Retailers use purchase data to estimate a pregnant woman's due date and target relevant advertising accordingly. According to McKinsey & Company, Google used insights from big data to modify the font color in its ads, boosting click-throughs and increasing revenue by $200 million. B2B marketers identify spending (and gap) patterns by county to boost statewide demand generation.
We all have aggressive business goals to reach, and limited resources. That's why it's vital that any conversation around marketing analytics focus on the insights that we glean, not just the data that we analyze. We know that data - big or otherwise - can produce insights that drive business growth. Tools and technology are important, but even more so are leadership commitment, talent and strategic focus. The "why" we do this is because of the business insights.
All the great technology and analytic models in the world will not grow the business if we are measuring things that don't matter or are not actionable.
It's sort of shocking to see how often that point is missed in all the activity and investment in marketing analytics. I've had several opportunities in the past month to discuss how "big data" is being tapped to improve market share and drive growth. The strategies and practical applications of the analytics insights that are working best are those that focus on clearly defined business objectives, rather than on the size or scale of data.
Here are a few of the ways marketing analytics is being used in a "big data" world:
There are three big lessons for marketers to take away from these examples. First, what you decide not to do is just as important as what you do. The discipline of focusing on the right business drivers is a very difficult thing to achieve and get right. It usually takes deliberate collaboration between the analytics, operations, privacy/governance and marketing strategy teams.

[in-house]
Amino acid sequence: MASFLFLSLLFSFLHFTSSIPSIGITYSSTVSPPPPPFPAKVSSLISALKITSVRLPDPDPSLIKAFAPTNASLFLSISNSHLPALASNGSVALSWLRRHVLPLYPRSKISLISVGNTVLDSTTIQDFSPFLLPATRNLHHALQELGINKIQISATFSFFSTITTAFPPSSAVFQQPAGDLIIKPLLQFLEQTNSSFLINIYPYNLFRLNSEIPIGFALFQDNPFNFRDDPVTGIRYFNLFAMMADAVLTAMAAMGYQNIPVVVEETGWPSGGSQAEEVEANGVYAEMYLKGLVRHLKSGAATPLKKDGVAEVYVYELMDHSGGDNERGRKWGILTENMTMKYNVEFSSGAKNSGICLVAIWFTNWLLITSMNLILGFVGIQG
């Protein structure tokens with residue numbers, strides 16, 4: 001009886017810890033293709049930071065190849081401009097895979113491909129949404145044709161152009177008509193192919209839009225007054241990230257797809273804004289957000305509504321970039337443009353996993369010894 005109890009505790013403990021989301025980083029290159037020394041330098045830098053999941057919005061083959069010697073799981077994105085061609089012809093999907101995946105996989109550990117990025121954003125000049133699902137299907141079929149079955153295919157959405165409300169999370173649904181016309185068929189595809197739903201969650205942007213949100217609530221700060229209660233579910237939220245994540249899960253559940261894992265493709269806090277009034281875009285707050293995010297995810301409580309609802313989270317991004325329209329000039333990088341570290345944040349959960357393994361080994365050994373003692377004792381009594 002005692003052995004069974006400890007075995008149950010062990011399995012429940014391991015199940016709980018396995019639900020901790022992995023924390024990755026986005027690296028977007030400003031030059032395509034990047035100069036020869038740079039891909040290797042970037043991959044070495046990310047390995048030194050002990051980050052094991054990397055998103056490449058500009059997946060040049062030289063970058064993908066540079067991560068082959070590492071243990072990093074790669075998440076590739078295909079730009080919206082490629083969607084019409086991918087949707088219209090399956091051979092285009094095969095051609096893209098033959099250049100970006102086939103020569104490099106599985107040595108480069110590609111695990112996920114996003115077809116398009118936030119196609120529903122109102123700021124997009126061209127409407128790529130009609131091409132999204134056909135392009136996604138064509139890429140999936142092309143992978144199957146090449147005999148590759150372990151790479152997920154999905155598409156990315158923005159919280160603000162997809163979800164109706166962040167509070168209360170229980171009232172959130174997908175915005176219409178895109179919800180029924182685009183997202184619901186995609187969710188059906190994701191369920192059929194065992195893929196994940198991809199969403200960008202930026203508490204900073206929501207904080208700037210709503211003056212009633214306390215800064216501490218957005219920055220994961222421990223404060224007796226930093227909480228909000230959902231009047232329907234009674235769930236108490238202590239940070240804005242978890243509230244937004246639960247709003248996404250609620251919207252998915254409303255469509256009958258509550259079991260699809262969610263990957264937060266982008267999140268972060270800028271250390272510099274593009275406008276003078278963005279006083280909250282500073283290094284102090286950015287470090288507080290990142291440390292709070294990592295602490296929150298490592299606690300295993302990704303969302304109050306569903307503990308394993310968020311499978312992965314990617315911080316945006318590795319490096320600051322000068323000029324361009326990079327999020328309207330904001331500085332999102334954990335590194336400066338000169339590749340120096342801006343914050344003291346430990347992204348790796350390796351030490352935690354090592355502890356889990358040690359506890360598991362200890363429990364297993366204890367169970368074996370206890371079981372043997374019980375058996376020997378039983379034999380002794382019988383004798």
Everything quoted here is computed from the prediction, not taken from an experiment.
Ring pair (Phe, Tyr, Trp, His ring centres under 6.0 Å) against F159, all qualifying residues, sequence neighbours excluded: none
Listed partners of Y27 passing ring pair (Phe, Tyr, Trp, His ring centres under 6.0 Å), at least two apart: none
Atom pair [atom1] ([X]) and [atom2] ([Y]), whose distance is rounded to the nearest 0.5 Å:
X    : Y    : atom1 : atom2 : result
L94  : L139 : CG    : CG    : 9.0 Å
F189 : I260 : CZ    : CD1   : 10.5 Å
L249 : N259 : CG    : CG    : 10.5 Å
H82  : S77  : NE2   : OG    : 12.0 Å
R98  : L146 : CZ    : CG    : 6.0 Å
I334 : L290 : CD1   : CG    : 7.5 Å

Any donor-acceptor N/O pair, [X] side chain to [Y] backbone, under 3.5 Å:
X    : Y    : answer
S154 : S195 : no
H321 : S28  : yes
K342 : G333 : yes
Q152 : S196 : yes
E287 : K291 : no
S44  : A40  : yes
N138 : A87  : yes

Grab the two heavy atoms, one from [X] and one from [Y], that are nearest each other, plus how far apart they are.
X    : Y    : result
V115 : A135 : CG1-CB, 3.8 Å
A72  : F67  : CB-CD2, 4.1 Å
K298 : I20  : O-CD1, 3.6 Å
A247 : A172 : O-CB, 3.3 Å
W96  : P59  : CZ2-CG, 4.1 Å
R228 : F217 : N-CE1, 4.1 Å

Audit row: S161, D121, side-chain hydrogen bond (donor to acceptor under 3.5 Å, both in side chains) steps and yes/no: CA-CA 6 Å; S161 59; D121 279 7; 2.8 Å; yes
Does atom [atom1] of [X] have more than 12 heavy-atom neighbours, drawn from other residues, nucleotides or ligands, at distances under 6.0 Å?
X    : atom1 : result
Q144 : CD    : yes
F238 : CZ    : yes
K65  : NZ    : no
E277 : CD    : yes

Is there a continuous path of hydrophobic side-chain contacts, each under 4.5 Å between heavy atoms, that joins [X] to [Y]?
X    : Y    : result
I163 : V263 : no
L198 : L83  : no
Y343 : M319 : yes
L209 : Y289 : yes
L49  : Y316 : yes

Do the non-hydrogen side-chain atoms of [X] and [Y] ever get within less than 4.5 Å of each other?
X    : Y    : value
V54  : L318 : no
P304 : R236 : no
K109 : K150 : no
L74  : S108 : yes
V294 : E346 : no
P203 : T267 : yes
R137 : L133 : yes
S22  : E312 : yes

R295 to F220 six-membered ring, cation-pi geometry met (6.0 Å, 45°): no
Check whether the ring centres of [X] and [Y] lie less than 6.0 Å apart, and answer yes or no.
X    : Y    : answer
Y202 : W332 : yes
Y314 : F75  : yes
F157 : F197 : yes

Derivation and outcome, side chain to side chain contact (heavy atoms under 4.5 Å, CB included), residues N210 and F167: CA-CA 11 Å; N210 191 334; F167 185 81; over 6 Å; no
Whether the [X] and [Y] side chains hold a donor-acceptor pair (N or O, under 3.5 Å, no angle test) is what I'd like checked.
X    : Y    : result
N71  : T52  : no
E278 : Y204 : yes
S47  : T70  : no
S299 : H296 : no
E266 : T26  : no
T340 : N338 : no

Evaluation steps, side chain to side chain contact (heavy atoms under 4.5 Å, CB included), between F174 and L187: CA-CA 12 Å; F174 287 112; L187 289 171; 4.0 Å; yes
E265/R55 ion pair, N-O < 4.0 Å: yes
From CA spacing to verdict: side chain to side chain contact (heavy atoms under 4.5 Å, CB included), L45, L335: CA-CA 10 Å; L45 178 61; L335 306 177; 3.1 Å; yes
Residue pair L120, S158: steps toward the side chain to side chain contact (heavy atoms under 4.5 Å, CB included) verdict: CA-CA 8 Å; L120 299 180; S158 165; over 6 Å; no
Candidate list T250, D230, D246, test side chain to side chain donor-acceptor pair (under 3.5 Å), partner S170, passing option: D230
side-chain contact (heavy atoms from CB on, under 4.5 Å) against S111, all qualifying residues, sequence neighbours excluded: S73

Second, getting insights to the front line is essential to success. Having data-driven intelligence back at headquarters is great, but if you have sales, community and marketing people interacting with customers and prospects, you have to get those insights out to the people who can use and test them. These kinds of insights should be predictive and forward-thinking, not just reports on what has happened already.
Finally, all of your insights must be customer-centric; what will work for customers and prospects, not what will promote the team's favorite product attributes.
What are you doing to ensure marketing analytics insights are applied to the business? Please share in the comments section below.
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Stephanie Miller is a relentless customer advocate and a champion for marketers creating memorable online experiences. A digital marketing expert, she helps responsible data-driven marketers connect with the people, resources, and ideas they need to optimize response and revenue. She speaks and writes regularly and leads many industry initiatives as VP, Member Relations and Chief Listening Officer at the Direct Marketing Association (www.the-dma.org). Feedback and column ideas most welcome, to smiller AT the-dma DOT org or @stephanieSAM.
December 12, 2013
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